Current Progressive Dairy digital edition

Herd Health

Find information about mastitis, transition cows, vaccination protocols, working with your veterinarian, hoof care and hoof trimming.


Editor’s note: The following section includes commentary from questions posed to Dr. Richard Holliday, a holistic veterinarian. To ask your own question, e-mail the question to . Answers to submissions will be printed in Progressive Dairyman’s October organics section.

“Hey, Doc, waddaya got for mastitis?” is a question posed by dairymen everywhere. I wish I had a good answer. Treatments range from frequent stripping out of the udder to the newest antibiotic or immune stimulant. Fortunately, many treatments are successful. But some treatments only suppress the symptoms, and when the effect of the treatment wears off the symptoms return with a vengeance. Unfortunately, any success with treatment often interferes with the need or desire to address the actual cause of the problems. Holistic veterinary medicine may have some insights into this problem – insights often overlooked by today’s dairymen.

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Salmonellosis is a disease of all animals caused by the genus Salmonellae and usually characterized by one or more of three major syndromes:

1) Septicemia (a blood infection)

2) Acute enteritis (infection and inflammation of the intestinal tract)

3) Chronic enteritis (a long-term infection and inflammation of the intestinal tract)

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The transition period, extending from approximately three weeks prior to calving to about 40 days after calving, includes the time frame during which the overwhelming majority of dairy cow diseases occur.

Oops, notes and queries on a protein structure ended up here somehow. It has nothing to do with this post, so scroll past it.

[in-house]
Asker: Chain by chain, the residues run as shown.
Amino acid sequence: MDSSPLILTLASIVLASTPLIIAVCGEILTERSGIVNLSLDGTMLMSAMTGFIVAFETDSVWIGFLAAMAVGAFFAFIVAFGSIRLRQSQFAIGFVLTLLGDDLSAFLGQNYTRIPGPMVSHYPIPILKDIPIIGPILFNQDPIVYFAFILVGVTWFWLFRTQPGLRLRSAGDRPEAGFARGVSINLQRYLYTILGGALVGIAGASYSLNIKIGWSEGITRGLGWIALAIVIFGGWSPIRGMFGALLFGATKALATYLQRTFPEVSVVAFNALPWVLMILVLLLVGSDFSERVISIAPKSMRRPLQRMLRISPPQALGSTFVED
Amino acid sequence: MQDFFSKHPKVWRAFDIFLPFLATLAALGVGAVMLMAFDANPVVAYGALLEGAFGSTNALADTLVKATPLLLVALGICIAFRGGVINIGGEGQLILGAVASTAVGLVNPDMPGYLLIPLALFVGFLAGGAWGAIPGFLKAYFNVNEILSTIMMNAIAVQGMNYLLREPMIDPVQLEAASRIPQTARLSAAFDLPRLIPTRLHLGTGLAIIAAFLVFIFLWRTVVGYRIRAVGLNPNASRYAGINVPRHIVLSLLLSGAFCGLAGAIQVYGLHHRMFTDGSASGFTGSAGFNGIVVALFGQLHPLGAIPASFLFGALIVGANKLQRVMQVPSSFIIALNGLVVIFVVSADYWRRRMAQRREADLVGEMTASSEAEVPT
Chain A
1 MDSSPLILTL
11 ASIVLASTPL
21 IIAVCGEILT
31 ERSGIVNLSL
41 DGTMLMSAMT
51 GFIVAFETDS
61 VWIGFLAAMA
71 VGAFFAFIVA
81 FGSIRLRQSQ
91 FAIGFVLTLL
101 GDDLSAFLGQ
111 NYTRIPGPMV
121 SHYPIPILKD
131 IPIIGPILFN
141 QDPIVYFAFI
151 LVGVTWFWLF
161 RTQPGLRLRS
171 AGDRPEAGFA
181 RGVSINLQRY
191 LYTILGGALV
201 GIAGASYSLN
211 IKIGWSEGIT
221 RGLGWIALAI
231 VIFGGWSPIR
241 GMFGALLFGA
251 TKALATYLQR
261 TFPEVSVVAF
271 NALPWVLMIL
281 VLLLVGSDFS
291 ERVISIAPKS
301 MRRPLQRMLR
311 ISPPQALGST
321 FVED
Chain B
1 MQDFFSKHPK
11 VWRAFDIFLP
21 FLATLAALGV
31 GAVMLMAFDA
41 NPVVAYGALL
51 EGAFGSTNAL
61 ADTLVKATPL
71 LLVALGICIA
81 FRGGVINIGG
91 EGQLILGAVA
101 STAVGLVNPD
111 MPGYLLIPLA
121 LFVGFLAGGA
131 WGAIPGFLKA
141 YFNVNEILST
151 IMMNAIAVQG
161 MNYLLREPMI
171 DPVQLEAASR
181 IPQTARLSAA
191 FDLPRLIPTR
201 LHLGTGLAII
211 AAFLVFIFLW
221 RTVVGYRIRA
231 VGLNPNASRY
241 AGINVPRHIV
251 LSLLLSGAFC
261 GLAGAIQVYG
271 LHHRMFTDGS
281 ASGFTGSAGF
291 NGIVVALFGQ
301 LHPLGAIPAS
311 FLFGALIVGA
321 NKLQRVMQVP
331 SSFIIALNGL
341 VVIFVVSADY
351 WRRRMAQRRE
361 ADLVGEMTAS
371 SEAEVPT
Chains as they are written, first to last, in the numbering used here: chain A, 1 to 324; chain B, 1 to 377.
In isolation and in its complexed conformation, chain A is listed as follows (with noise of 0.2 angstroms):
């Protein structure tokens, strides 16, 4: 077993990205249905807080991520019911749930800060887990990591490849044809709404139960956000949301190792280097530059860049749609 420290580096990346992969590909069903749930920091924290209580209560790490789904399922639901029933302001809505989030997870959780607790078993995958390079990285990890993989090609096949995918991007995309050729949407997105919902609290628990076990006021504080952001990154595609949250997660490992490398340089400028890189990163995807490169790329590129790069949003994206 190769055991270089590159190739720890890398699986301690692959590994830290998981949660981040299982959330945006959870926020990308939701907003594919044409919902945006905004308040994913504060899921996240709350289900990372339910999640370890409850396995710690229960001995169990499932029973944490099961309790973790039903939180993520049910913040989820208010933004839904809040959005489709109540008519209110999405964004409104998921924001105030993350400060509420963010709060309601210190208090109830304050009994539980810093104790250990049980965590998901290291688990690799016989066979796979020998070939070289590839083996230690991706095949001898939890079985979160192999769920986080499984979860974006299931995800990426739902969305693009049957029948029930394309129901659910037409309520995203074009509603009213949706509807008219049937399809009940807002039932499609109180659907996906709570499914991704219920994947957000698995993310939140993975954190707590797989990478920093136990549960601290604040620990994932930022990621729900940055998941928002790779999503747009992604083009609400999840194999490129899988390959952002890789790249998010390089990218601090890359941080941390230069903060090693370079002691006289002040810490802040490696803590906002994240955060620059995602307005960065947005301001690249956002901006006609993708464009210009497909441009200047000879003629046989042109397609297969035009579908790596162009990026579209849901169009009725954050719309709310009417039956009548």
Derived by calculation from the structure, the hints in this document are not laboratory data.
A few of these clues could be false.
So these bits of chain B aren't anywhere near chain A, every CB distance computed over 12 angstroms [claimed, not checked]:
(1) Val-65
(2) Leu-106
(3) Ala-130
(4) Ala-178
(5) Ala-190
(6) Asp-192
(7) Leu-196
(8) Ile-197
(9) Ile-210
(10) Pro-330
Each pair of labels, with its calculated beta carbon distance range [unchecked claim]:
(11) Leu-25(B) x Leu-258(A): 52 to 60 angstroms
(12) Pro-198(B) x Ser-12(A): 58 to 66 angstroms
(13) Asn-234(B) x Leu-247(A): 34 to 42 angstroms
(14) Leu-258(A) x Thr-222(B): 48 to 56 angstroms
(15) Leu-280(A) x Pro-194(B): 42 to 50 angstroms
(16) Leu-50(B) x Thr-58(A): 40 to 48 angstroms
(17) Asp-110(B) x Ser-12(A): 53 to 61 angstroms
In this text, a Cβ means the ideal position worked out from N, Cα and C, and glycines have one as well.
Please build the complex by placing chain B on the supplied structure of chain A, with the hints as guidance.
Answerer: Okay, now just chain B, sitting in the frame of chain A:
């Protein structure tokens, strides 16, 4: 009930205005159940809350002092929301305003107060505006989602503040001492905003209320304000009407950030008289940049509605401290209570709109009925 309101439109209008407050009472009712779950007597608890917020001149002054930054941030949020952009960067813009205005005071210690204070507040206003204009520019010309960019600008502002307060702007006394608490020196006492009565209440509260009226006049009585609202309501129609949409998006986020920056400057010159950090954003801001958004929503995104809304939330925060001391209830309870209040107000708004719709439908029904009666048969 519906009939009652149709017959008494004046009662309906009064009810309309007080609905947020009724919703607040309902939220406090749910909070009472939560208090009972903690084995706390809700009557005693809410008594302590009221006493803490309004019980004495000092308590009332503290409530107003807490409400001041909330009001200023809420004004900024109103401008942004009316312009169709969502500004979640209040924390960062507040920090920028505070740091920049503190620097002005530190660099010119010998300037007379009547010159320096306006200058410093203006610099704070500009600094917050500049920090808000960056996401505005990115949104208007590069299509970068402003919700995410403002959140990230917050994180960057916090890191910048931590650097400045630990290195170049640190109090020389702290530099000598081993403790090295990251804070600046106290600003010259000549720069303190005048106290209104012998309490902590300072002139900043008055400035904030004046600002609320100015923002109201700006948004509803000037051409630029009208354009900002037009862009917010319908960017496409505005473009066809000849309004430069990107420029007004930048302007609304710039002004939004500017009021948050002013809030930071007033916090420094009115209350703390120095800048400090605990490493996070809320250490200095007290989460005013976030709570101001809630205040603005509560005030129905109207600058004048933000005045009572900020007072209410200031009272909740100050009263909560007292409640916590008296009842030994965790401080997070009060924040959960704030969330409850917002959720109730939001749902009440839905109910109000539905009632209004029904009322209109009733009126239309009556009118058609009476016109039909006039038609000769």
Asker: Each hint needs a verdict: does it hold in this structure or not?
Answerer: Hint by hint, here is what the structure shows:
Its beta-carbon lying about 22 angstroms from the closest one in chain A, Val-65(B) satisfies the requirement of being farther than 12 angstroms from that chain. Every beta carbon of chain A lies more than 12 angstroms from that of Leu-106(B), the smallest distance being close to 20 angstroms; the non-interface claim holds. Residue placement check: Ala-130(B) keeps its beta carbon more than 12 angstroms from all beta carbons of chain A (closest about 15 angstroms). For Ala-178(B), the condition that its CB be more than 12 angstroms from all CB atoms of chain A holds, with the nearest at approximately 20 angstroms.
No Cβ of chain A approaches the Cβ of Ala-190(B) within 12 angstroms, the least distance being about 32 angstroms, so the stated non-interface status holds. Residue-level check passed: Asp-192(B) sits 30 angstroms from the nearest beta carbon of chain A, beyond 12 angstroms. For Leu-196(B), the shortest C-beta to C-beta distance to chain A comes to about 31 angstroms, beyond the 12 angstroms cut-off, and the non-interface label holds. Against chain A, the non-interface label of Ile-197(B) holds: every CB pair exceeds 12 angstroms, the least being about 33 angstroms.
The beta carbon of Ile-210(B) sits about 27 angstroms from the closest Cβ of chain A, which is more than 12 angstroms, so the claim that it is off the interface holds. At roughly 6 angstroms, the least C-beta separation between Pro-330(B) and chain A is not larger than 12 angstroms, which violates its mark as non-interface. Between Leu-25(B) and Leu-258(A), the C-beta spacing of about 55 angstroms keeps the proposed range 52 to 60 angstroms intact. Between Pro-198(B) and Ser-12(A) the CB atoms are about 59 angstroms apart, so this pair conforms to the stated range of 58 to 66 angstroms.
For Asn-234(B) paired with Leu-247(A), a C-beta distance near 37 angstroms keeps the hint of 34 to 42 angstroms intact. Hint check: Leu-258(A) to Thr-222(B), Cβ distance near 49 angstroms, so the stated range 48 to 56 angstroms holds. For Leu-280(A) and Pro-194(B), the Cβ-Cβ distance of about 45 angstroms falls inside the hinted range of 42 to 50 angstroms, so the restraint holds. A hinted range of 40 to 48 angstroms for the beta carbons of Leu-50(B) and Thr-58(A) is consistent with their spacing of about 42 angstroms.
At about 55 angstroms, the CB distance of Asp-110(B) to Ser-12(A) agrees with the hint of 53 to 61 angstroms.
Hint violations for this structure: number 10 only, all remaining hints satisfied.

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Lameness is an economically important problem in dairy cattle worldwide. Economic losses resulting from lameness arise not only from the cost to treat clinical cases but also from decreased milk production, decreased reproductive efficiency and premature culling. New York researchers estimate the average cost of lameness per 100 cows per year to be nearly $9,000.

The average incidence was 30 cases per 100 cows per year with a case fatality rate of 2 percent, involuntary culling rate of 20 percent and increase in average days open of 29 days. The National Animal Health Monitoring System (NAHMS) Dairy 1996 study revealed that 15 percent of dairy cows were culled due to lameness or injury.

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Your cows don’t talk, but they can be communicating some very important messages. Are you listening? The way cows behave can tell us a lot about how the cattle are handled, how comfortable their facilities are and if management is causing or reducing stress. It’s easy to write off a cow’s opinion since college-trained people have scientifically taken care of all her nutritional and housing needs. Cow-handling skills are not considered because the cow is confined in a barn and we can make her go where we want. Here are some reasons why we need to pay attention to our cows’ behavior.

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An important concept in dairy herd health is early diagnosis and treatment of sick cows. It may even be more important than the type of treatment administered. In lactating dairy cows, this concept cannot be overemphasized. A delay in treating a sick cow not only reduces her chances for a full recovery but results in milk production loss and may impair reproductive performance, especially if the disease occurs early postpartum.

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